With Ebay there is no such negative experience. Once your item is live, the site draws your focus to the bids and who is watching you. Everyone’s listings start off cheap, and once the bidding starts it’s no longer up to you, the seller, to dictate the price. Therefore, what others are doing with their identical item becomes irrelevant.
5) You can sell ANYTHING on Ebay. On Amazon you may only sell what is listed in Amazon’s database. This is made more frustrating when you attempt to list that gorgeous six piece tea set, only to find that Amazon has a record of the four piece and the eight piece versions of the same set, but not the six piece. The only way you’d be able to list your item would be to first become a ProMerchant seller at Amazon, which includes a subscription fee of $39.99.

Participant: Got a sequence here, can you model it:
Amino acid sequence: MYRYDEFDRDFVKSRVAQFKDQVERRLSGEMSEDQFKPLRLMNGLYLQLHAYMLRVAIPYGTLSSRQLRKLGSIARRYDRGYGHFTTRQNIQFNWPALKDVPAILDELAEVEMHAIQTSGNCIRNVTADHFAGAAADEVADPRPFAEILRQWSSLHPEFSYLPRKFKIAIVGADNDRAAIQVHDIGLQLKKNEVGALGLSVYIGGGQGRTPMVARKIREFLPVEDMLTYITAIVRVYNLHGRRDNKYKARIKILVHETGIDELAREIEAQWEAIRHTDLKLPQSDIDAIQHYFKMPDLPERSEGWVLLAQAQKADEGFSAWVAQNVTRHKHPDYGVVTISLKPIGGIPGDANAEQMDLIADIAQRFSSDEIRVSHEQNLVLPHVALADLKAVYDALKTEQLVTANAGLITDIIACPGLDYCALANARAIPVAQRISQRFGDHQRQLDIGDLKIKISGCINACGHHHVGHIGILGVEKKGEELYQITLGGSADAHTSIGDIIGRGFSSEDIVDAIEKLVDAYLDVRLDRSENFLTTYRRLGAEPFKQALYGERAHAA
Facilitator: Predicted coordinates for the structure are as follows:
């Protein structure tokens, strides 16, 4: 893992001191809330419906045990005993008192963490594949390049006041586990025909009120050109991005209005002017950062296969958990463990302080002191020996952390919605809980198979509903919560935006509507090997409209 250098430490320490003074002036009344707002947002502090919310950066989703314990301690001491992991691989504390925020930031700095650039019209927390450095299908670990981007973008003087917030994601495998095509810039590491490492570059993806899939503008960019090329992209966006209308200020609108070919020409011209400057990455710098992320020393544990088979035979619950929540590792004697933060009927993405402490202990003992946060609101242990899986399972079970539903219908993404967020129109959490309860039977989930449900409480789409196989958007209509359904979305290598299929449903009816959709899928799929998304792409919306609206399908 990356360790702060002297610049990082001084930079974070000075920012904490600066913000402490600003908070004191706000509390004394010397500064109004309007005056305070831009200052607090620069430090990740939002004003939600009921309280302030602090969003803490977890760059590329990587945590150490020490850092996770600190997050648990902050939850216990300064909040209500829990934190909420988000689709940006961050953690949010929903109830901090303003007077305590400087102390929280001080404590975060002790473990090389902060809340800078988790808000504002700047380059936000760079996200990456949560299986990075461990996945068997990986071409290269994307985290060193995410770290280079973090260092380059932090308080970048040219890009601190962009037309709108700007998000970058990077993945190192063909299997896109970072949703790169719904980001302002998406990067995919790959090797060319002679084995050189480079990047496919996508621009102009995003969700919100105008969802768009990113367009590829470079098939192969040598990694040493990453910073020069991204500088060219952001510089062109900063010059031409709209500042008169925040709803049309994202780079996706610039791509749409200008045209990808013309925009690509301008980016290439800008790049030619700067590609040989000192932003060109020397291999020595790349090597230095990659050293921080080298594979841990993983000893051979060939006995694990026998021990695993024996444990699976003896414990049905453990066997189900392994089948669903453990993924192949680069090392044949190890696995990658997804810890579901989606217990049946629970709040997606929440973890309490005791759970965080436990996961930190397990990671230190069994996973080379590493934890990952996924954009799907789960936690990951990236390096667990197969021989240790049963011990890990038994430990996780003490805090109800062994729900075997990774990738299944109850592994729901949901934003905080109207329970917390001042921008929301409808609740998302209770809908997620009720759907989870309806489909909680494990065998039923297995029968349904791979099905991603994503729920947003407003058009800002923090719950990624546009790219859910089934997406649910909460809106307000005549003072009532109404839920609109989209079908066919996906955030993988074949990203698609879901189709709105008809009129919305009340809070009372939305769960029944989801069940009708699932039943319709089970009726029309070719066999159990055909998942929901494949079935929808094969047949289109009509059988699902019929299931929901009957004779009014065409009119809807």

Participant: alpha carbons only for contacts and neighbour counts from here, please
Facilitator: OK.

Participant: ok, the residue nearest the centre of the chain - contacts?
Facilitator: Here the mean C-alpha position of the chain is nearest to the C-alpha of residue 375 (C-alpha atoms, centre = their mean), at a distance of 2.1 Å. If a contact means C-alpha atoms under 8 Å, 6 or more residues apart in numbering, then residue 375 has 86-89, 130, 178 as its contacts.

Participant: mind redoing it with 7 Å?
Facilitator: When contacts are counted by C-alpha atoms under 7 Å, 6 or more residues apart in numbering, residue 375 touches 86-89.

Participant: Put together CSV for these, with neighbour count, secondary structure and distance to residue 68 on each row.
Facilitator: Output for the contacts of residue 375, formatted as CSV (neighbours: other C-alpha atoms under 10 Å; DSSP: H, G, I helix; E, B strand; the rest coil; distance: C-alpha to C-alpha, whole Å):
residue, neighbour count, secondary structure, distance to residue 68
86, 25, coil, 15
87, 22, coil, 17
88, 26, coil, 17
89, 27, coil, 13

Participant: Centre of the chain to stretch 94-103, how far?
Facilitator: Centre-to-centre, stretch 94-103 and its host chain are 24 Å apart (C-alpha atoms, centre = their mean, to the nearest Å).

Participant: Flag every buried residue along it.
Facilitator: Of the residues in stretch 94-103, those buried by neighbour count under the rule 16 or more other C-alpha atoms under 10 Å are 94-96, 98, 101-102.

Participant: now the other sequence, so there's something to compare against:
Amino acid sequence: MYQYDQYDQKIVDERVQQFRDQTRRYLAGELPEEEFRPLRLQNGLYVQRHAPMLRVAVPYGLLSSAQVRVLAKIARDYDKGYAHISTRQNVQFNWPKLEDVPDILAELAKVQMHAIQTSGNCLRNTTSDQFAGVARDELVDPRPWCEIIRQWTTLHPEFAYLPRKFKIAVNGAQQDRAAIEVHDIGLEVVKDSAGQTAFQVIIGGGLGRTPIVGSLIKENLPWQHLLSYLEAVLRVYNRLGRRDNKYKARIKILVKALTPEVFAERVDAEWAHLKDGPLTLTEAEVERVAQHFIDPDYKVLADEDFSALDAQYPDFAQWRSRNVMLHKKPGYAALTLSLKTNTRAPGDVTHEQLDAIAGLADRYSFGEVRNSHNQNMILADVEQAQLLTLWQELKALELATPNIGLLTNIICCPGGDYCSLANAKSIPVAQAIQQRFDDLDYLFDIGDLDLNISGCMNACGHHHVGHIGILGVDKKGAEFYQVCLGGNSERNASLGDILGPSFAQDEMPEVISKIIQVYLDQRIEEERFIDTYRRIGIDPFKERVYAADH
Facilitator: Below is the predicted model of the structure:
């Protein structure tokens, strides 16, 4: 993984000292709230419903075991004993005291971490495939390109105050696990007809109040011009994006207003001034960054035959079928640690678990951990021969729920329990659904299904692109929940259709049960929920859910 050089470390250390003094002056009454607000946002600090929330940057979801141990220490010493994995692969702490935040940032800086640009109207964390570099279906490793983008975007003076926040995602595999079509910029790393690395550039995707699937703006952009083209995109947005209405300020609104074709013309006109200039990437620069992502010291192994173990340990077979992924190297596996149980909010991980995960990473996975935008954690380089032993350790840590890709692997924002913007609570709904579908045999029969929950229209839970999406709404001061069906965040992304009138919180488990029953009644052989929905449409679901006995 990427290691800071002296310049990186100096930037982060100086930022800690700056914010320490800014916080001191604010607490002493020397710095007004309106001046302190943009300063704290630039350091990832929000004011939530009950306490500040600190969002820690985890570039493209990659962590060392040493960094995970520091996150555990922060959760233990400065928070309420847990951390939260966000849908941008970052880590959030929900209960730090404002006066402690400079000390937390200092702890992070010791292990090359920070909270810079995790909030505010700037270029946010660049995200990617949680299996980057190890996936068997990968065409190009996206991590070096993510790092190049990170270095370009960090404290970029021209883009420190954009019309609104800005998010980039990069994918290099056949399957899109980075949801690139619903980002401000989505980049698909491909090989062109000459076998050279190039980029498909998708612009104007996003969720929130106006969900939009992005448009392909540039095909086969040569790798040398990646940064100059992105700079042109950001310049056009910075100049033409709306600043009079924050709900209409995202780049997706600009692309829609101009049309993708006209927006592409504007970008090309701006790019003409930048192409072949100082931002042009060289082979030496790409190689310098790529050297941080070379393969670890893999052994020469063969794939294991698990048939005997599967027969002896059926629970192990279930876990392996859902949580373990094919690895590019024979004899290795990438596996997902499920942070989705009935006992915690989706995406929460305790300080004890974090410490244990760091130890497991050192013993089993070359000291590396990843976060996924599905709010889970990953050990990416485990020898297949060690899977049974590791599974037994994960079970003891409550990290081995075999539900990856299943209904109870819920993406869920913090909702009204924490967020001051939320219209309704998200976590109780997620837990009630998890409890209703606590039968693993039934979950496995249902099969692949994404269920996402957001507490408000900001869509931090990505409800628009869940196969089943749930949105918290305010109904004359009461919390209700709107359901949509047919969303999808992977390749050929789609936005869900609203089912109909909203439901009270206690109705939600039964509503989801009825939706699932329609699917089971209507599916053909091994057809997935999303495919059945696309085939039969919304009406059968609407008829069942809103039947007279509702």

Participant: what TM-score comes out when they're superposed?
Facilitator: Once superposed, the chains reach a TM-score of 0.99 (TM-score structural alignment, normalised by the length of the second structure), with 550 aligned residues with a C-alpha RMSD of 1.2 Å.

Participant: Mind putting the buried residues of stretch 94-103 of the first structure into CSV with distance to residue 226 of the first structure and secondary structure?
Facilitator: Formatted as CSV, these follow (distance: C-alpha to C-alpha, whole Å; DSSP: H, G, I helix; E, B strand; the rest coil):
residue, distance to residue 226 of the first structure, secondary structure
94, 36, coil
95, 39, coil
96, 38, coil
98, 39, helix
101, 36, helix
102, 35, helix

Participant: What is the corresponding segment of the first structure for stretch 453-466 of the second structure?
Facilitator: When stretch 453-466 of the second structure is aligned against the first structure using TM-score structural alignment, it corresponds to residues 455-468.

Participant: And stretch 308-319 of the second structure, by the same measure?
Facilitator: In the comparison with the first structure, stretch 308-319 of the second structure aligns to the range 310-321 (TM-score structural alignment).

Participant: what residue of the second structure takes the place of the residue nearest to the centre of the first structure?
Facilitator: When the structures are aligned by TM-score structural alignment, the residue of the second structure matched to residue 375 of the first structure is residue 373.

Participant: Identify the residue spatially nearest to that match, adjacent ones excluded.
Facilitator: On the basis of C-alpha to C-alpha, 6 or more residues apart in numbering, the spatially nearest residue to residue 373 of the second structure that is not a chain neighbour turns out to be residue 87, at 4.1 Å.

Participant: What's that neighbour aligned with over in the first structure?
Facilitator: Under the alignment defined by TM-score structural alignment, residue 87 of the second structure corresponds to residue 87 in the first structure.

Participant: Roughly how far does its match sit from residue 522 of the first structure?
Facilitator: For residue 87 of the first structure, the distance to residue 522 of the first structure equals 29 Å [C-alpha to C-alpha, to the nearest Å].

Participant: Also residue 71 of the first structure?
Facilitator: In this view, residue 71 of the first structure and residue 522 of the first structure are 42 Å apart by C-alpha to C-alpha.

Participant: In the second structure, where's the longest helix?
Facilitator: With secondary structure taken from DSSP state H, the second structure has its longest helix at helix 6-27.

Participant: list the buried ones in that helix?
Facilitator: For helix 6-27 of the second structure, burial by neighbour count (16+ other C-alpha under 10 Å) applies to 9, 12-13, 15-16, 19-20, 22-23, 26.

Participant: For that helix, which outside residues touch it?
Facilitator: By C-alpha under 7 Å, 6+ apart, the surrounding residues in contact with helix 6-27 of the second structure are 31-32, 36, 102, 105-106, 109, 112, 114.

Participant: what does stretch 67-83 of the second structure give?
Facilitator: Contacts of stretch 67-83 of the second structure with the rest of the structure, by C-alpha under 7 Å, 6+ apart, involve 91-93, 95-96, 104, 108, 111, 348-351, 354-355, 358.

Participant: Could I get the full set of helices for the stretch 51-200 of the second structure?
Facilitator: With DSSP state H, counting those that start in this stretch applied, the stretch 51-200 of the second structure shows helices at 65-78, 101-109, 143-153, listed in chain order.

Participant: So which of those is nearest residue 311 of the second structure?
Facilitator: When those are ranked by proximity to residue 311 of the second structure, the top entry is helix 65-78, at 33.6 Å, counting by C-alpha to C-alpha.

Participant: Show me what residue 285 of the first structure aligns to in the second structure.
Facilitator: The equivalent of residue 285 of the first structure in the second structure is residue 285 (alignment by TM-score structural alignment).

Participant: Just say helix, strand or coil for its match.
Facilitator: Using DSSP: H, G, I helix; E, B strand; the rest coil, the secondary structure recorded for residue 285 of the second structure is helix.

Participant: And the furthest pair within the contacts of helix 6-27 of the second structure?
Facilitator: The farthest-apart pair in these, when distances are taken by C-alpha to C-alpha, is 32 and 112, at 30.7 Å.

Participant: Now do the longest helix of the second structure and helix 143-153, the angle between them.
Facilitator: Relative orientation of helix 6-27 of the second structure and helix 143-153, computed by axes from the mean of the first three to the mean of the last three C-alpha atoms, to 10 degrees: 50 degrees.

On Ebay however, if it isn’t already in their database, then you are welcome to put it there right away, at no extra cost or delay.
Pros of Amazon over Ebay
1) Amazon tells you how much you’ll be paid for shipping, whereas Ebay makes you do the calculations yourself. This is time consuming and complex and involves you having to weigh and measure the items at home. By the time you get to the post office to mail the items, you’ll most likely find that you either over or underestimated the delivery costs.
2) With Amazon, ‘sold’ means ‘sold’. Once your item is declared sold, it means that the buyer has transferred the funds and payment has been processed.
With Ebay, a winning bidder does not necessarily translate into a paying customer. ‘Sold’ on Ebay means that someone has offered you a price for your item. But then you have to request payment and wait until the bidder actually pays you. This makes room for changes of heart, thereby wasting you an entire listing, fees and all. So whilst Ebay and Paypal have worked hard to win buyer confidence, they urgently need to take steps to win seller confidence too.